• Notes from the ARC: A Rising Tide

    April 11, 2019 - WSCUC

I have been thinking lately about the saying “A rising tide lifts all boats.” 

While traditionally used in financial contexts to indicate that a strong economy benefits everyone, I have heard it pop up more and more in higher education discussions around graduation rates and student success. 

I have to say I am skeptical: Even if it is true that many colleges and universities have succeeded in yielding better results in higher education outcomes for all of their students, doesn’t it behoove us as educational practitioners and university administrators to disaggregate the data and examine if race- and income-related equity gaps in degree attainment persist for our historically underserved student groups? 

Reading the 2015 AAC&U Report “Step Up & Lead for Equity: What Higher Education Can Do to Reverse our Deepening Divides” was instrumental in replacing my commitment to equality—where everyone is treated the same—with an equity-minded approach that recognizes that achieving equal outcomes requires us to serve students differently based on their unique needs. 

How do students who are the first in their family to attend college navigate academia when there is no one in their immediate circle to ask for advice? What challenges do low-income students face that are simply non-existent for their more well-off peers? And how welcome do students of color feel when their classroom environments support micro-aggressions or other forms of racial stereotyping and bias, whether overt or implicit? 

Until recently, the burden to succeed was placed largely on the shoulders of the students and their potential for failure was habitually explained with the notion that “college is not for everyone”. However, rather than bemoaning their students’ lack of readiness, equity-minded institutions are instead examining their own readiness to serve the students they accept.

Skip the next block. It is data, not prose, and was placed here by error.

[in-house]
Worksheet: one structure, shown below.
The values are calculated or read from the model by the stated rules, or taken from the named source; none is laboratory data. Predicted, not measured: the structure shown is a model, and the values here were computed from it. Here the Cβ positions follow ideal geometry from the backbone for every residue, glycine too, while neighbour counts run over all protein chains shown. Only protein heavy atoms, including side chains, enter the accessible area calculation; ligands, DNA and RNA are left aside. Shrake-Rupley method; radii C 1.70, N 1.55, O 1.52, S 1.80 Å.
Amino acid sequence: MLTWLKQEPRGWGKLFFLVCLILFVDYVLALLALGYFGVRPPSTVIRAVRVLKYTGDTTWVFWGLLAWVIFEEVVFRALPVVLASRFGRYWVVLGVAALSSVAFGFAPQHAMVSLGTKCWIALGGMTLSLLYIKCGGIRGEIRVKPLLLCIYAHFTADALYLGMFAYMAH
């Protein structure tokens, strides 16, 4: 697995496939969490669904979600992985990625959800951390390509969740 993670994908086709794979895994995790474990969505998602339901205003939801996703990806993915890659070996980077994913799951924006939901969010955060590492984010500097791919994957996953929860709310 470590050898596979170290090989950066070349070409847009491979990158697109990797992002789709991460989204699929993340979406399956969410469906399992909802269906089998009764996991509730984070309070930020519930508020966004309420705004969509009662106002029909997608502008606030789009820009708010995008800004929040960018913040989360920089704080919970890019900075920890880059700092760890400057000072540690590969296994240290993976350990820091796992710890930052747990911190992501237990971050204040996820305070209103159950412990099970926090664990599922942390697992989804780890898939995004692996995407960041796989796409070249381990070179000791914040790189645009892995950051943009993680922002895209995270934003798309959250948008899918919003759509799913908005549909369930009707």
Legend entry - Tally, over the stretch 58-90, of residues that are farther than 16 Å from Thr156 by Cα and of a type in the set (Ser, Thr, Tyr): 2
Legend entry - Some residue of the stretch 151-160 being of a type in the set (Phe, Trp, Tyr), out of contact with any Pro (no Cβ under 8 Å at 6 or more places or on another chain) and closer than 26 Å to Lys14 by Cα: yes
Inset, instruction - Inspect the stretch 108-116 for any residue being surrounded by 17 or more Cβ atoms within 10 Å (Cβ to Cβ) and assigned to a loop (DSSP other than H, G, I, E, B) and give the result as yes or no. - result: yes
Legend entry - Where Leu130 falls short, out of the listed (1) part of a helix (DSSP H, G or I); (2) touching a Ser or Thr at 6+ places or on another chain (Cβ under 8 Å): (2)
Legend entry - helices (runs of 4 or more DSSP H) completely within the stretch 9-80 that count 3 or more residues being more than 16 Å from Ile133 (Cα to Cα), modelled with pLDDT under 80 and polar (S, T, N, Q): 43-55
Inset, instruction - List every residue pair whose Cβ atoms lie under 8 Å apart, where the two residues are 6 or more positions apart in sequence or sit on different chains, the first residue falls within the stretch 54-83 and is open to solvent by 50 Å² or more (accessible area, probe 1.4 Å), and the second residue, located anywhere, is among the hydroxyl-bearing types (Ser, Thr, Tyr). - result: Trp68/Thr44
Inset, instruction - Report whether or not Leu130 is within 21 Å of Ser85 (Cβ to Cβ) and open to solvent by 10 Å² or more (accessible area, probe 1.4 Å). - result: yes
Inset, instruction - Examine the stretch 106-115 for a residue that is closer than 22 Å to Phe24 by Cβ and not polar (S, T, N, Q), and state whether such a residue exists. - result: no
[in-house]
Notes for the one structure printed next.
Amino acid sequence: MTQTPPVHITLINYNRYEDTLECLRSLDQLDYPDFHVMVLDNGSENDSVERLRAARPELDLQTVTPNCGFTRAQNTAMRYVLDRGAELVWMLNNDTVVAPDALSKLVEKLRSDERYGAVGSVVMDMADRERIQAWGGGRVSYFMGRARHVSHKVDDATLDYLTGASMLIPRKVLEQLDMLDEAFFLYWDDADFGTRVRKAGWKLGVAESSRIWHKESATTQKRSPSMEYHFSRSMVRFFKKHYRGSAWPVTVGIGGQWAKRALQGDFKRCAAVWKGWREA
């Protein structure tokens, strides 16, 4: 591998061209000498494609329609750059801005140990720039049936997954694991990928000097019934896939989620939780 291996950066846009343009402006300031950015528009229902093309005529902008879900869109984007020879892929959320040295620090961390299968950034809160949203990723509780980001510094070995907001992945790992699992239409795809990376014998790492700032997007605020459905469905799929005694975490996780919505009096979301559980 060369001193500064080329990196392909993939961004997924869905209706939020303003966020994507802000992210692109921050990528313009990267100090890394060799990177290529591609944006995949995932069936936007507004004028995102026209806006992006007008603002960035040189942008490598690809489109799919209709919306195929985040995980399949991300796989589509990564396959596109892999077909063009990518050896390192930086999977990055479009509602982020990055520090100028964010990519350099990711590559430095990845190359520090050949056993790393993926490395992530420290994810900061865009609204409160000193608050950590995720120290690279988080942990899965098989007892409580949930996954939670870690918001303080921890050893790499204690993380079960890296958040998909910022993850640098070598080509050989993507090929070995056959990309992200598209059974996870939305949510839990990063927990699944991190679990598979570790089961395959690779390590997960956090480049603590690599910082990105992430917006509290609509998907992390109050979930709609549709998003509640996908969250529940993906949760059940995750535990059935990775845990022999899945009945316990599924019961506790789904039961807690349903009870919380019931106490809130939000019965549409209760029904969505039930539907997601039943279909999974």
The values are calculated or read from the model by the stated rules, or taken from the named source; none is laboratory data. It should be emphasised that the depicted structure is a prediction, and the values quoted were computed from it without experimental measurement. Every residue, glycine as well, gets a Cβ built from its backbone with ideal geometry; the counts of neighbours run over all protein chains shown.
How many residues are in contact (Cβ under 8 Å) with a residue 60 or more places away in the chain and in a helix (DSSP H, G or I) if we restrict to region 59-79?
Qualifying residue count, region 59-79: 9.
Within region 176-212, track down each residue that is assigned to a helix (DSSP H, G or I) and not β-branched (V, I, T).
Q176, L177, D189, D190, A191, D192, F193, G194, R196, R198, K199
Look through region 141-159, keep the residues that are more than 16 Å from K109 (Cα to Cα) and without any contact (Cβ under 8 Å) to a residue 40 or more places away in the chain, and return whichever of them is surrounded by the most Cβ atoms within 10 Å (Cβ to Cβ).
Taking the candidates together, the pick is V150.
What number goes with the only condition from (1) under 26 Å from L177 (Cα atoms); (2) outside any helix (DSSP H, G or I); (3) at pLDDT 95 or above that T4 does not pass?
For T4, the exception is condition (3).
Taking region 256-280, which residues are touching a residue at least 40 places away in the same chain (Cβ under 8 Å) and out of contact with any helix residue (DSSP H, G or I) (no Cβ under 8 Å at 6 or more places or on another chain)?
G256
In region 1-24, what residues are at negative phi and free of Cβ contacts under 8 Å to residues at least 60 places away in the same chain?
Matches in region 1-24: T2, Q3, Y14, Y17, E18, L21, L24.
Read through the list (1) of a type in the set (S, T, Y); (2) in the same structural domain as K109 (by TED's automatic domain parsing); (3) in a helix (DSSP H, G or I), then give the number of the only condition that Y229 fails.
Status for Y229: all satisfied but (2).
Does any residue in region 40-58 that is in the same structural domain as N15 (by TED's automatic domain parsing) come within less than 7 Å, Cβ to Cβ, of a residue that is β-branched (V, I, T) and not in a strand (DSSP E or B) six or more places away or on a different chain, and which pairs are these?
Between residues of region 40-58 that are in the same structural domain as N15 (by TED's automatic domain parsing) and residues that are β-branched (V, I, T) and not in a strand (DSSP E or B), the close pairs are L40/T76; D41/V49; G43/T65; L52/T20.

Replacing this deficit-based approach to students with asset-based teaching and advising practices opens up new opportunities to foster resilience and nurture strengths that may help students overcome challenges on the path to earning a degree.

To hold ourselves accountable for equal learning and degree attainment outcomes for all of our students – regardless of ethnicity, family income, or parental educational background – we need to keep examining our data and reimagining institutional practices to promote inclusive excellence. 

In the California State University system, we foster cultures of evidence to increase graduation rates for all CSU students while eliminating equity and opportunity gaps. Our innovative Certificate Program in Student Success Analyticsprovides CSU faculty, staff, and administrators with a set of strategies to actively share in this mission. Rather than just trusting that “a rising tide will lift all boats,” we want to understand which best practices enable our students to succeed and build them to scale. 

A focus on equity becomes increasingly important as higher education undergoes drastic demographical changes. Students previously minoritized and deemed “non-traditional” now make up large parts of our increasingly diverse student body demographics. The traditional image of a campus full of “first-time, full-time”  students has been replaced with a more complex and diverse picture that prominently features returning adult learners, first-generation students, and commuters from all races, circumstances and backgrounds, especially at large public universities and community colleges. 

In the wake of these changing demographics, what do faculty, staff, and administrators at colleges and universities need to learn to adapt to these shifts? The onus is on the institution to ensure it doesn’t perpetuate inequities that have placed our students on unequal footing long before they ever entered through our doors. 

Nele Hempel-Lamer, Ph.D., is the Director of the California State University Certificate Program in Student Success Analytics. She presented at the #2019ARC on Wednesday, April 10 during a session entitled, “The Equity Gap: Actionable Data, Better Decisions.”